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Alan Halperin v. Mark Richards

Summarizing by Amir Shachmurove

McDermott v. Crabtree (In re Crabtree)

Case Type:
Case Status:
Reversed and Remanded
16-6028 (8th Circuit, Jan 24,2017) Published
The 8th Circuit concluded that the bankruptcy court misapplied § 522(o) by reducing the debtors' homestead exemption by the value of the nonexempt assets converted into the homestead, rather than by that value of the homestead attributable to the nonexempt assets invested in it. Reversed and remanded.
Procedural context:
Chapter 7 trustee objected to debtors' homestead exemption under § 522(o), alleging that the debtors' homestead was augmented by nonexempt assets disbursed from a family bank account for various home improvements. The US Trustee filed a complaint objecting to the debtors' discharge under § 727(a)(2), (3), and (4). The bankruptcy court sustained the objection to homestead exemption and denied the debtors' discharge. The debtors appealed only the decision to reduce their homestead exemption.
For nearly two years prior to filing chapter 7, the debtors (husband and wife) made multiple disbursements from their family checking account to pay for various improvements to their homestead. After filing bankruptcy, they valued their homestead at $200,000 in the Schedules of Assets and Liabilities, leaving $66,275 in equity after accounting for a mortgage against the property. In sustaining the trustee's objection, the bankruptcy court reduced the debtors' homestead exemption by the total amount disbursed from the nonexempt checking account to pay for home improvements. On appeal, the B.A.P. concluded that the bankruptcy court misapplied § 522(o), which clearly mandates the exemption by reduced only to the extent the value of the debtors' interest in the homestead was "attributable" to the nonexempt property used for that purpose. The analysis, therefore, required a comparison of the value of the homestead with and without the improvements to assess what portion of the homestead's value, if any, was attributable to the nonexempt assets.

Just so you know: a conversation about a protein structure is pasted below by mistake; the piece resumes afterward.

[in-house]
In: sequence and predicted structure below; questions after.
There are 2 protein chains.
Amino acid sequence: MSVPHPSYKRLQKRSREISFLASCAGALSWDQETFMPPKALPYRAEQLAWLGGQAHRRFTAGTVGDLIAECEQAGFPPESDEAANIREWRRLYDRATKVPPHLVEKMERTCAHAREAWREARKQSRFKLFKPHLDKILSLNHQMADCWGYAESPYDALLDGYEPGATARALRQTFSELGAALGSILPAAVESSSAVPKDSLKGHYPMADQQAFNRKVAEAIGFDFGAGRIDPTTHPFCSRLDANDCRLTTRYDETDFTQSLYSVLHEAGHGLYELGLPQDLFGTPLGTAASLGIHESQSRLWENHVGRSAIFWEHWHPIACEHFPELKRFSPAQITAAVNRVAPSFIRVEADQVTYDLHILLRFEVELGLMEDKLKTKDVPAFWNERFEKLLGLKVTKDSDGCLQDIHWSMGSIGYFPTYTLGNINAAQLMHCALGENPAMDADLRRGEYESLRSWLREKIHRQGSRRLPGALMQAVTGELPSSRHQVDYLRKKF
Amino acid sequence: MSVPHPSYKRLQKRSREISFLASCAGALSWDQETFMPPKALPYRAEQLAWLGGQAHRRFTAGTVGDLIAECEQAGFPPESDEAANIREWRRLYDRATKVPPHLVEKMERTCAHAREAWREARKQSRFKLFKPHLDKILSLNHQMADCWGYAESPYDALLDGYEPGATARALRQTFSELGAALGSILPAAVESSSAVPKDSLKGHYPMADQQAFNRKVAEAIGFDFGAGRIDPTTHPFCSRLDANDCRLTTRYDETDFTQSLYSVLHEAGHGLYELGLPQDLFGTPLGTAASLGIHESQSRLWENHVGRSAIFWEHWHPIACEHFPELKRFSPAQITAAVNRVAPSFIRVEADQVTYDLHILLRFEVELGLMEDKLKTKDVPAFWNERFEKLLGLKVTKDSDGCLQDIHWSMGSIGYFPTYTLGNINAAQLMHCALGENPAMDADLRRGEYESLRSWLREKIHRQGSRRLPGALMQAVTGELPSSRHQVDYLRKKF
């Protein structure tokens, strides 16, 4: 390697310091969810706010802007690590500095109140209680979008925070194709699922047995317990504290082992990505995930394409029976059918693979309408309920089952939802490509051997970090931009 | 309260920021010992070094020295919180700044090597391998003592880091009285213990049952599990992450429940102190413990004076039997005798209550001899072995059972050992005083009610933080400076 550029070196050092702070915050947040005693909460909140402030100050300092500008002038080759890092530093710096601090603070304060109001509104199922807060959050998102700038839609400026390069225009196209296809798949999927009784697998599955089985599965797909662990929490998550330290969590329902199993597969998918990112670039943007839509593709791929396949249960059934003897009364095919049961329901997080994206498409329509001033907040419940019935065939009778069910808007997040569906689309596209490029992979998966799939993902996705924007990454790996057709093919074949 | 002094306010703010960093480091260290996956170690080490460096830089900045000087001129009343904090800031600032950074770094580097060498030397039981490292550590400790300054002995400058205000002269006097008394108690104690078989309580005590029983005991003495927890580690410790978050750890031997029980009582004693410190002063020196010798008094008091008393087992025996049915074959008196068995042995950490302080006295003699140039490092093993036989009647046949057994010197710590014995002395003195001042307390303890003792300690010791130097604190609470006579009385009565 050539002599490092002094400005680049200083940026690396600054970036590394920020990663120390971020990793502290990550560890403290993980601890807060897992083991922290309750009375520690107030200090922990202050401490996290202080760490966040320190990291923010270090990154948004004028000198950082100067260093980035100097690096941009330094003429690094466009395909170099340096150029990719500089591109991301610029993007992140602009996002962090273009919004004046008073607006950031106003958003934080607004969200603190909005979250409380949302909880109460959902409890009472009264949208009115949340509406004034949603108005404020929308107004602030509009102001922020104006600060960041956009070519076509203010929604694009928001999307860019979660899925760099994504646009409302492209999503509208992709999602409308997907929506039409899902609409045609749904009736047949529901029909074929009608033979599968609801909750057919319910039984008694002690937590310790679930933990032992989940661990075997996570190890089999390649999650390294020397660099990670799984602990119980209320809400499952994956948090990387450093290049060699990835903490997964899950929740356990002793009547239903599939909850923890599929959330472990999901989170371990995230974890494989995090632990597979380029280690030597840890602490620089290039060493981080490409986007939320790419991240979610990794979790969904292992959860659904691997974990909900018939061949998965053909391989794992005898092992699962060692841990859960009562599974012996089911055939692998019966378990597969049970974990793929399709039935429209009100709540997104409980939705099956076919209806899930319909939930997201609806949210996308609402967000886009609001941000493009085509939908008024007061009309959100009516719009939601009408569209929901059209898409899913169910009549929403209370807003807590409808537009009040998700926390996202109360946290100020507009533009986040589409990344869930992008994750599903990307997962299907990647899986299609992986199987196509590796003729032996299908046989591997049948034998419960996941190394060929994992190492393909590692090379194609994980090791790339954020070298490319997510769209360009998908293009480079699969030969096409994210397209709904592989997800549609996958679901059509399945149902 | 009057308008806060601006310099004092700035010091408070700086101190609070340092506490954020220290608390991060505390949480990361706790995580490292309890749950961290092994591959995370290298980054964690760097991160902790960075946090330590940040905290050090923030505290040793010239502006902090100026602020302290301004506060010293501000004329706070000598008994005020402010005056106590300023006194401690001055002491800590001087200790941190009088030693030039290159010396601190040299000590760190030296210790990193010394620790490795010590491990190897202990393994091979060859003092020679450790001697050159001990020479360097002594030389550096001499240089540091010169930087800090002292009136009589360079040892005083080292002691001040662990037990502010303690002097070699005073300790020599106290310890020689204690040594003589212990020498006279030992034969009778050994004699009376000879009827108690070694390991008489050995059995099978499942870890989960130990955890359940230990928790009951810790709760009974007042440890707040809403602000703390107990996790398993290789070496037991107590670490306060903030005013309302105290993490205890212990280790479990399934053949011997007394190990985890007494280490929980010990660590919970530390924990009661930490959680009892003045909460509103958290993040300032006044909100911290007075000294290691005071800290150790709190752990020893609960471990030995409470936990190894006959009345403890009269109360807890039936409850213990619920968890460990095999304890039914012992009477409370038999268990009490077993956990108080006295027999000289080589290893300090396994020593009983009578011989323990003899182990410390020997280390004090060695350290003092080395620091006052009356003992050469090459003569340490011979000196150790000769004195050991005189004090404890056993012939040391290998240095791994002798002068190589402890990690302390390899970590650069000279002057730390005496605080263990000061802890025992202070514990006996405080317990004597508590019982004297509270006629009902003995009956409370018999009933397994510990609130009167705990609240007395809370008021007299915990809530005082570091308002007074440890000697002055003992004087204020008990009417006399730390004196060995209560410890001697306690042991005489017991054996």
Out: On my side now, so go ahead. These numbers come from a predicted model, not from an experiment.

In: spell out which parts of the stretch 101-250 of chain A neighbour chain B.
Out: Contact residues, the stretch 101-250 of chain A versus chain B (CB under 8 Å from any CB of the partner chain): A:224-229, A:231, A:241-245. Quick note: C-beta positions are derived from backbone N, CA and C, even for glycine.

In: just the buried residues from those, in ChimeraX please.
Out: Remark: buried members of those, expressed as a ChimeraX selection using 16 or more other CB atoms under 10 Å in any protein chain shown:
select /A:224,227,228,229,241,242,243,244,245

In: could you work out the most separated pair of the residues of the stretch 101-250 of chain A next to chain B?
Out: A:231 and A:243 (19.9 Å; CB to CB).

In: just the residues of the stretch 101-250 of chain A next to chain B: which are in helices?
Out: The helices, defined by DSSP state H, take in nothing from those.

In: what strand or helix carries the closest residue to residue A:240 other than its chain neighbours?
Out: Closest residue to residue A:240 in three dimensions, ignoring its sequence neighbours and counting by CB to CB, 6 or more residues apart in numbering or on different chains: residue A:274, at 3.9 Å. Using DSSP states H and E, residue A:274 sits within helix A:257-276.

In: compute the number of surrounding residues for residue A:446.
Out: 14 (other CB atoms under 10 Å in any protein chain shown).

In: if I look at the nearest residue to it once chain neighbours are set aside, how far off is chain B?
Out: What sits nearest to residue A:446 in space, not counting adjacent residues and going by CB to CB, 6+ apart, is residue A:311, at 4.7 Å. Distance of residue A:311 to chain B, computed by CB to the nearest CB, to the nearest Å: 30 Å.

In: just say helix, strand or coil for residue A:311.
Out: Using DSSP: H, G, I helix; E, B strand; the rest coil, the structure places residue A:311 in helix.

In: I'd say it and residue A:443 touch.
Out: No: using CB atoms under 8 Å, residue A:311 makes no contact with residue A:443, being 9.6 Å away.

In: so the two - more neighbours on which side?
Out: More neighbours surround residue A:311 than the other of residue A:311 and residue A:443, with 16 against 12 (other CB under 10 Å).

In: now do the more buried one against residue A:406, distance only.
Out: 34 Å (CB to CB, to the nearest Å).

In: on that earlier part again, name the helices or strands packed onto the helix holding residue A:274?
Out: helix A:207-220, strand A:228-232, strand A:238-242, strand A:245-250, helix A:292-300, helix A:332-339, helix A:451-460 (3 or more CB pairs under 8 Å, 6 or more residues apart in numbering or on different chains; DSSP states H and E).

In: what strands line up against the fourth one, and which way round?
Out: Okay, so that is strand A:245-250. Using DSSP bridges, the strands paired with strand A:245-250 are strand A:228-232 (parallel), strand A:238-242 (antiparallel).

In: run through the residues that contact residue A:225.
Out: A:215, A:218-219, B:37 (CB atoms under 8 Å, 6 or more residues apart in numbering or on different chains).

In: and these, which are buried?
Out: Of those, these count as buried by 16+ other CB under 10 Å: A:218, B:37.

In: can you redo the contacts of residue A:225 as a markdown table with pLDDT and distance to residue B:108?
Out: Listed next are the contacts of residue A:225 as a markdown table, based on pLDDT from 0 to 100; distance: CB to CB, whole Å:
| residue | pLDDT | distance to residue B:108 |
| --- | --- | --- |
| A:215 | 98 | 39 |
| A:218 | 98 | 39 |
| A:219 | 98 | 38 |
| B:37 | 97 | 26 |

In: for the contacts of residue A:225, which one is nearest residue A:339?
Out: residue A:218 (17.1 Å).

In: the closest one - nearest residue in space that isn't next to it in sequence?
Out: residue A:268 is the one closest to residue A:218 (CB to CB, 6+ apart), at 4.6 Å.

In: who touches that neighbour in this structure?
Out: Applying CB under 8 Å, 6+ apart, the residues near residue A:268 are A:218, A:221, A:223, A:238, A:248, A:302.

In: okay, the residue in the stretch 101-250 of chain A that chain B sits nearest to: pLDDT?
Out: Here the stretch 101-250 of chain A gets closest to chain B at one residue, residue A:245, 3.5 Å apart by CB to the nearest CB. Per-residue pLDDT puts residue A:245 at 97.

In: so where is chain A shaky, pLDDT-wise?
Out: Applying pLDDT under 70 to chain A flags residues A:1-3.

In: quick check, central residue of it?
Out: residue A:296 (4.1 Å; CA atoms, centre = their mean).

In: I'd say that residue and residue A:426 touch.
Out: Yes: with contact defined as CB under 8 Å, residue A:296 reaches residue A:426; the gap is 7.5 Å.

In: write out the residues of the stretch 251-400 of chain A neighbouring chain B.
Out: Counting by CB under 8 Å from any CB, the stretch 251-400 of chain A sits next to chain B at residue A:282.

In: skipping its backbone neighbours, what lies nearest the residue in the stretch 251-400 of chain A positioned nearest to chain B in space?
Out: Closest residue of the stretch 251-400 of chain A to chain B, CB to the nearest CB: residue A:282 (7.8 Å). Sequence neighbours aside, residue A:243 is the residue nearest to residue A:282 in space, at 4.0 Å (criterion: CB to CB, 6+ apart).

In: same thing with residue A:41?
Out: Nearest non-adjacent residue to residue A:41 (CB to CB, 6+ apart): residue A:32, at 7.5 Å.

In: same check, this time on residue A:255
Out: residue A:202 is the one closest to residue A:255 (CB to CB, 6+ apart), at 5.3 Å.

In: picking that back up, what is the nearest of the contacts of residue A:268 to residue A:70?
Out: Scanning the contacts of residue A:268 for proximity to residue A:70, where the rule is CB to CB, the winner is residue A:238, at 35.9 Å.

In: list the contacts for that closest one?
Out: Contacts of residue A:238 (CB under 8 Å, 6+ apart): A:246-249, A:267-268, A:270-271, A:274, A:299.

Federman, Saladino, and Nail.

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